A pole construction having a generally telescoping configuration between its ends and the method of forming such a pole are disclosed. The pole is formed of longitudinally axially aligned cylindrical structural steel tubes. Each section of tube is of a uniform outer diameter and the respective sections progressively decrease in outer diameter. One end section of a larger tube overlaps the end section of the next smaller tube. An annular body of a non-metallic non-shrinking settable material such as concrete fills the space between the overlapping end sections of the tubes and rigidly secures the overlapping tubes to each other.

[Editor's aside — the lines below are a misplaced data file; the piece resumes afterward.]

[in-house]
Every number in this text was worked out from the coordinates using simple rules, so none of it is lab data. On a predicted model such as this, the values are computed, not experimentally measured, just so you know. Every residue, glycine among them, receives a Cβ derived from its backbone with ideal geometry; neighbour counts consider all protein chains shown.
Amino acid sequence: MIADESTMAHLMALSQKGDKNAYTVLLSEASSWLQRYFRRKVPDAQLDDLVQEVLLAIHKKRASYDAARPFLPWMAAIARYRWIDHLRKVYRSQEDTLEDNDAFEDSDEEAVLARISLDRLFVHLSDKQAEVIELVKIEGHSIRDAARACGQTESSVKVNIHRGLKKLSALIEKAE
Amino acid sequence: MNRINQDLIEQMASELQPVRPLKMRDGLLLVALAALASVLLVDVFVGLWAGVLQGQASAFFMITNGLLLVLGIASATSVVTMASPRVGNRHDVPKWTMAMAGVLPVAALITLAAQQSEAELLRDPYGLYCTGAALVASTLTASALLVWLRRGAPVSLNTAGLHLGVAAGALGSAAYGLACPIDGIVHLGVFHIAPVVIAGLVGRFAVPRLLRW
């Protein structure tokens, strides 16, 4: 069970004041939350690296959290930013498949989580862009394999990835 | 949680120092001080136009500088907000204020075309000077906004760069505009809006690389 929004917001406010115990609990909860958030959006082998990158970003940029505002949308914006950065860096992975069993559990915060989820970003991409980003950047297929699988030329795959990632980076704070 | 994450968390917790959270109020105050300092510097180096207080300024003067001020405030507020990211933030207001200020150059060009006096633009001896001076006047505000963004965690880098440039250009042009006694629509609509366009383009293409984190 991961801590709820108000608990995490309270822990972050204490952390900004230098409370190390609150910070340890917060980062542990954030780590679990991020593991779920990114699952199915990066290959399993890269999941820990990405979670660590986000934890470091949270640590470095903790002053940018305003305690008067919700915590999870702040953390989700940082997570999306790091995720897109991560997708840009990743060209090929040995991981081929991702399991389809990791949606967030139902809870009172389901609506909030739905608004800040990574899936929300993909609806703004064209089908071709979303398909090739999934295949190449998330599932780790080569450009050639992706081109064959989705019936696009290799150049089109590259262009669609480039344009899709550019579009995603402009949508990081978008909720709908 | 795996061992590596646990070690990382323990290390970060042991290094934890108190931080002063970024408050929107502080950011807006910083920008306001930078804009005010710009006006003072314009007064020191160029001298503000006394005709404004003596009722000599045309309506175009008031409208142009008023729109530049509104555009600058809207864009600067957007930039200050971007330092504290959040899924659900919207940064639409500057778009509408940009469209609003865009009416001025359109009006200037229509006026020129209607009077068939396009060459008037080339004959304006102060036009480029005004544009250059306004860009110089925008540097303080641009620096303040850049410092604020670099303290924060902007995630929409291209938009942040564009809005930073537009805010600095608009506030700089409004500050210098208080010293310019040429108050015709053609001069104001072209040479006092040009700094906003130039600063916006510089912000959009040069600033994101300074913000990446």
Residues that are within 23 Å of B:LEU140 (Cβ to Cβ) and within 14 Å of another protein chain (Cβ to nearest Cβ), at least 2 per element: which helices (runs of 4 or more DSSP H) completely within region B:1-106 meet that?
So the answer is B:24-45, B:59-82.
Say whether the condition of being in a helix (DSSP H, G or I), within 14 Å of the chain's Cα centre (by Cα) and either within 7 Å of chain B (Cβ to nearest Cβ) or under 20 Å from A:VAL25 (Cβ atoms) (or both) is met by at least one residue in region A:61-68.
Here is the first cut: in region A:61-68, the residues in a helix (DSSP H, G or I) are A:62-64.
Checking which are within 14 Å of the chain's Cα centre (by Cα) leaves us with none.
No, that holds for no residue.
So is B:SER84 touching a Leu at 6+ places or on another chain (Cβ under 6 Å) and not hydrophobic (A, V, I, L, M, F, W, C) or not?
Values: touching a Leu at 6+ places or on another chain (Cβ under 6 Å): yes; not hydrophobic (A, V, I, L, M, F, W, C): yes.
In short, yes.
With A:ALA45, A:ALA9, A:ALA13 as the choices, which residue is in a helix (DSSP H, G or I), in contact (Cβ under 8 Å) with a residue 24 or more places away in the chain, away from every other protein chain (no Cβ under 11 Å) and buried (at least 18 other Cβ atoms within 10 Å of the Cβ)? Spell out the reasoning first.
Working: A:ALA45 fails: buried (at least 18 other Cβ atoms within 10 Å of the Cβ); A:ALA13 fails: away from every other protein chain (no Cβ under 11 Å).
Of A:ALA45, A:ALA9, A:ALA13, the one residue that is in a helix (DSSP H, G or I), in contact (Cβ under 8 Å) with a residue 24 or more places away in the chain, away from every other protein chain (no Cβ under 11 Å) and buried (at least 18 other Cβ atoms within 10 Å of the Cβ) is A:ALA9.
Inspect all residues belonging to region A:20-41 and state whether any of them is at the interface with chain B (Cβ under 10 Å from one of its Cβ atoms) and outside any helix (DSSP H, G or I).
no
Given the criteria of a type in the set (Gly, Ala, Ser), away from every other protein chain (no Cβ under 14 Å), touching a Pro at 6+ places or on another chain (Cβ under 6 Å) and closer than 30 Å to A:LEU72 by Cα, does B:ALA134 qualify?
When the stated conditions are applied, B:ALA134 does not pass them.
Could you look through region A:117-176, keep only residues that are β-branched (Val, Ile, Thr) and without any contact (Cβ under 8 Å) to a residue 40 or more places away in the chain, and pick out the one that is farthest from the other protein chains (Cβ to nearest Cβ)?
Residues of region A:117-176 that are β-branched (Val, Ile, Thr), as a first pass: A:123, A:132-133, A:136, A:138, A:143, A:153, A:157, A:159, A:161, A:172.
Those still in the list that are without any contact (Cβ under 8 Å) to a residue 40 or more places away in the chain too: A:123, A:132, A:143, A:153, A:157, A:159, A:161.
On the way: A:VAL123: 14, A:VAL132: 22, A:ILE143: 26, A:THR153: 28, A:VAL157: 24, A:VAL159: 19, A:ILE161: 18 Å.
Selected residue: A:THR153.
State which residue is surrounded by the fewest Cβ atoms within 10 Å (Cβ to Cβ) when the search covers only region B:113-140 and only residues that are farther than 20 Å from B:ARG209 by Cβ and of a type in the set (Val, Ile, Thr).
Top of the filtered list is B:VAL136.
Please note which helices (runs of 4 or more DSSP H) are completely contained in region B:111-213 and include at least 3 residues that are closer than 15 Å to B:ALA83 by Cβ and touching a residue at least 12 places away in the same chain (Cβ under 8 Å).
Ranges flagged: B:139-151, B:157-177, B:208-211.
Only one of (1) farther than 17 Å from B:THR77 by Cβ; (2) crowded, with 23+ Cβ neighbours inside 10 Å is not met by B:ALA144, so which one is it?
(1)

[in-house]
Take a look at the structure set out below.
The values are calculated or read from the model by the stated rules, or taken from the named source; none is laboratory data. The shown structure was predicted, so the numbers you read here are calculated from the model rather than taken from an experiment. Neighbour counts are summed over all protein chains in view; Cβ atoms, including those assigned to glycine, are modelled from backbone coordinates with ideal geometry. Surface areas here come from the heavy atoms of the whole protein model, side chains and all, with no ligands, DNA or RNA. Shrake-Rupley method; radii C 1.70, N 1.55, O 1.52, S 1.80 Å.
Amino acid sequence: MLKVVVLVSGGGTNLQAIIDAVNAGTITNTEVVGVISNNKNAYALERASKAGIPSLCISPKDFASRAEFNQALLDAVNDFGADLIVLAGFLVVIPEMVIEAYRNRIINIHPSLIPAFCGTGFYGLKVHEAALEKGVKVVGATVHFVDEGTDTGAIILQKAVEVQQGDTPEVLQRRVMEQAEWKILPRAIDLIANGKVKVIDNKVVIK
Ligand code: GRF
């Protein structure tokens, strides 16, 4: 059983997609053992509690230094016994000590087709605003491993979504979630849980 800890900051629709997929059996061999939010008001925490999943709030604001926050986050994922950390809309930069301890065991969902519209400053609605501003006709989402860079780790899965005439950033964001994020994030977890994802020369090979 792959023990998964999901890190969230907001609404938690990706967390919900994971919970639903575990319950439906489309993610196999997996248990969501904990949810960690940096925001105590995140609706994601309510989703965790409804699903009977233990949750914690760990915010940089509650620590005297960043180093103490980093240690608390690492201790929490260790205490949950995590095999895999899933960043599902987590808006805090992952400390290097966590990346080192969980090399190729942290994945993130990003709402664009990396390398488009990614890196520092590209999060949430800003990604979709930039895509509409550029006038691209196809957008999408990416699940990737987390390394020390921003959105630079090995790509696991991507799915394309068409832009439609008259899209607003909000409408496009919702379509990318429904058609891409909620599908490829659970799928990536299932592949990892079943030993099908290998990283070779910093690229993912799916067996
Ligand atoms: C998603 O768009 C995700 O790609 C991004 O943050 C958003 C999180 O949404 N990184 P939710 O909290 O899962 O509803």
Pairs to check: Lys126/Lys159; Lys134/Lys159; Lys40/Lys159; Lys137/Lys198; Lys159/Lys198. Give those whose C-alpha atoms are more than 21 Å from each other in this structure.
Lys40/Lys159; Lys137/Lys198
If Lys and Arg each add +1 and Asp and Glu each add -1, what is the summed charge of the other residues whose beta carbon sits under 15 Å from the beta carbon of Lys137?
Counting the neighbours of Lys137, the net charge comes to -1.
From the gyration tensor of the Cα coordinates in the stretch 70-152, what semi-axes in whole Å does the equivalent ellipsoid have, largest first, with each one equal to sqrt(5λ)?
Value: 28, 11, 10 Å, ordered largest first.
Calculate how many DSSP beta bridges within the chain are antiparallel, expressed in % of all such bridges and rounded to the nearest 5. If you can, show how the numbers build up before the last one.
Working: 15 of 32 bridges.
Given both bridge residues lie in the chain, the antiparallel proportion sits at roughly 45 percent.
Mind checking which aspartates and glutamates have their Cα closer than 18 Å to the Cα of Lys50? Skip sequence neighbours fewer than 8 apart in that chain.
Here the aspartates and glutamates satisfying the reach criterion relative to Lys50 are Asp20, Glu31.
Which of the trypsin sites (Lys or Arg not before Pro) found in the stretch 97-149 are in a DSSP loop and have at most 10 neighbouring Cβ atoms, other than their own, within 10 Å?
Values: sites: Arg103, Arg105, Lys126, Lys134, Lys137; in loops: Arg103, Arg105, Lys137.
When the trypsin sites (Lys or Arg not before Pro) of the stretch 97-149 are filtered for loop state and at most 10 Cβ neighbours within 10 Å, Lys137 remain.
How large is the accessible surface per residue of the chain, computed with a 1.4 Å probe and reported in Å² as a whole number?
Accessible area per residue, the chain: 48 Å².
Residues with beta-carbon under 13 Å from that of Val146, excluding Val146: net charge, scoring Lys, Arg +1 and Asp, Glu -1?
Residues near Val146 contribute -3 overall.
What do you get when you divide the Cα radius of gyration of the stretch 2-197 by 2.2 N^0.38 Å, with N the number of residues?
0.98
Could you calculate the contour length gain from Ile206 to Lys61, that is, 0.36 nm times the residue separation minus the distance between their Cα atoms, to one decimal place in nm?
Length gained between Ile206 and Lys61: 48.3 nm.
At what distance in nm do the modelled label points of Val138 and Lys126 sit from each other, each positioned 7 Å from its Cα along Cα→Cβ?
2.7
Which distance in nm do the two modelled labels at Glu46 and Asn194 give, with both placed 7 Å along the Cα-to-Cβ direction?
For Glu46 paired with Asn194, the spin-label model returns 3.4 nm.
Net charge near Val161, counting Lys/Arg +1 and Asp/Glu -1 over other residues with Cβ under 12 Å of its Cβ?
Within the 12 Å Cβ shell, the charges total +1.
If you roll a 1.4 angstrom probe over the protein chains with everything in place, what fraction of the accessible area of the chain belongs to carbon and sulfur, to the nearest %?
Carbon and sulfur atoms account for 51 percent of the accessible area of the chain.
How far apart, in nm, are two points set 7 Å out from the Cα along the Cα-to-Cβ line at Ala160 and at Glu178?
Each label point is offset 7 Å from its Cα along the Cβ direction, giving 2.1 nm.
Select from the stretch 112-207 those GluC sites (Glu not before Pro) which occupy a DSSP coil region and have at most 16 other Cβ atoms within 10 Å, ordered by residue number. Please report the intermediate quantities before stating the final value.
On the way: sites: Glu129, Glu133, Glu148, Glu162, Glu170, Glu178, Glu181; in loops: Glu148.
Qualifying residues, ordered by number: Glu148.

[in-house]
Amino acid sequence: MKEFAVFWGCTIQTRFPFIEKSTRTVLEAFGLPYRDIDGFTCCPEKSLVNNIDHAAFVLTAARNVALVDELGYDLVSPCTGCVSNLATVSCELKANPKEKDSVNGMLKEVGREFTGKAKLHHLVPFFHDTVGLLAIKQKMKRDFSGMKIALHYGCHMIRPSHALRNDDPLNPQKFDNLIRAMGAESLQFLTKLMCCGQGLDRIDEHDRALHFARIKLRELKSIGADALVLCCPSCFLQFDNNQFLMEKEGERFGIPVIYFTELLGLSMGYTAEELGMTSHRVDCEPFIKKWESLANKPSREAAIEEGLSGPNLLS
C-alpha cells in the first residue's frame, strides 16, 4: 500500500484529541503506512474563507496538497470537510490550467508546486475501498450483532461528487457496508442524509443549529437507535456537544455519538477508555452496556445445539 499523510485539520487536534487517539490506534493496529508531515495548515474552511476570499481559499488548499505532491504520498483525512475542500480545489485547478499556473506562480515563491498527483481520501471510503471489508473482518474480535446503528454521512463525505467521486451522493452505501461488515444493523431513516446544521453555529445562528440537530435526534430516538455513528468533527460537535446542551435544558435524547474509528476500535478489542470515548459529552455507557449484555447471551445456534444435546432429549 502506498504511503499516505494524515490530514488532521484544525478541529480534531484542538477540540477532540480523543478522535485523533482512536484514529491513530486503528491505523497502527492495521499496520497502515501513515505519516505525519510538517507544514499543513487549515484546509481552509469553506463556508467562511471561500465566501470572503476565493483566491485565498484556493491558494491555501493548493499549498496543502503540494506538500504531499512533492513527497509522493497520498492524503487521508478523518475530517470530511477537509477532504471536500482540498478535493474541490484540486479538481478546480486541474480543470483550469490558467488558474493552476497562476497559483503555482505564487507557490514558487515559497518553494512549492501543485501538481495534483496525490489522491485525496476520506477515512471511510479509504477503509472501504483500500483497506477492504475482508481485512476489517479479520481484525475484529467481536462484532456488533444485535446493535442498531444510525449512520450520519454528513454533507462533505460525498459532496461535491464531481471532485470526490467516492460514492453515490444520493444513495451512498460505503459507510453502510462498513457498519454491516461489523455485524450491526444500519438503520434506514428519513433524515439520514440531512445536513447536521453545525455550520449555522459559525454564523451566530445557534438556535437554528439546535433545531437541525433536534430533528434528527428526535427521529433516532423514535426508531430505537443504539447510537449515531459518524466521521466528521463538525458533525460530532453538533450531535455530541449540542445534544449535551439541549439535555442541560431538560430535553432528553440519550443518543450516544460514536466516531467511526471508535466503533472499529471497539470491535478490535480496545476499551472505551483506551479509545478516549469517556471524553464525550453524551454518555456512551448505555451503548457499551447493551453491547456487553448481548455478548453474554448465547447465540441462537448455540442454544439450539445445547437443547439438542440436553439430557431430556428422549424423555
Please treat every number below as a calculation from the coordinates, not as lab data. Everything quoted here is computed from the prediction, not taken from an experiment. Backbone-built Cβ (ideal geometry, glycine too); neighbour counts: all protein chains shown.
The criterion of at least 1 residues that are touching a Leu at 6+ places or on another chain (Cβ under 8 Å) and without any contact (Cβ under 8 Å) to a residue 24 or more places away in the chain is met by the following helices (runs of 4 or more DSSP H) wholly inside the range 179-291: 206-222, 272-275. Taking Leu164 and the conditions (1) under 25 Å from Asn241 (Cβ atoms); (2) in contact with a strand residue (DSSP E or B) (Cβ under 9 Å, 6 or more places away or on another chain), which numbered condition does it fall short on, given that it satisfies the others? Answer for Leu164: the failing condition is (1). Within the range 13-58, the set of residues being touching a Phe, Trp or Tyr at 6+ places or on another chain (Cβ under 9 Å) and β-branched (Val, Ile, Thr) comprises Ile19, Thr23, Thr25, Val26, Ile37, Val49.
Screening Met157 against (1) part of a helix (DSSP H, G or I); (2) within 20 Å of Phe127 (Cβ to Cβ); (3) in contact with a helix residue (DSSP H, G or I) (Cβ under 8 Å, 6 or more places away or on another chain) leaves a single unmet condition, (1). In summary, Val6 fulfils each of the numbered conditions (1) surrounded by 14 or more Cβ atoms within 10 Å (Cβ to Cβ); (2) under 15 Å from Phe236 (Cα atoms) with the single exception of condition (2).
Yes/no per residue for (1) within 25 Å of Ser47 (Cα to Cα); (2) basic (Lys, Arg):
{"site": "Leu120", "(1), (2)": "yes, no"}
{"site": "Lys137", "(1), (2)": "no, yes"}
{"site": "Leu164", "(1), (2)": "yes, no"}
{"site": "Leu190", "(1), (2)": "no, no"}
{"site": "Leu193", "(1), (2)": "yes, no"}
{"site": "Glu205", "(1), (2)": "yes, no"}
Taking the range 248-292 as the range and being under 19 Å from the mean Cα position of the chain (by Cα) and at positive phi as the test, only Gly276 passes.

This invention relates to pole type structural support members and particularly to a pole construction which may be used to support electrical transmission lines and related components either singly or by combining several to form a frame or lattice. Also, this invention relates to the method of forming such a pole construction. Pole structures commonly used for supporting transmission lines are either wood, pre-stressed concrete, or hollow tubular steel. Structural steel or aluminum are commonly used for constructing frames and lattices. As to poles, the hollow tapered steel construction has widespread use. Such poles are usually formed by bending steel sheets or plates on a press brake to form two half sections which would then be seam welded to produce sections of the pole. The various sections would then be butt welded to each other to form the tapered pole. Another method of constructing tapered steel poles is to shape the individual sections such that a larger section would slip into the end of a smaller section and be pressed at the overlap to secure the sections together to form the pole.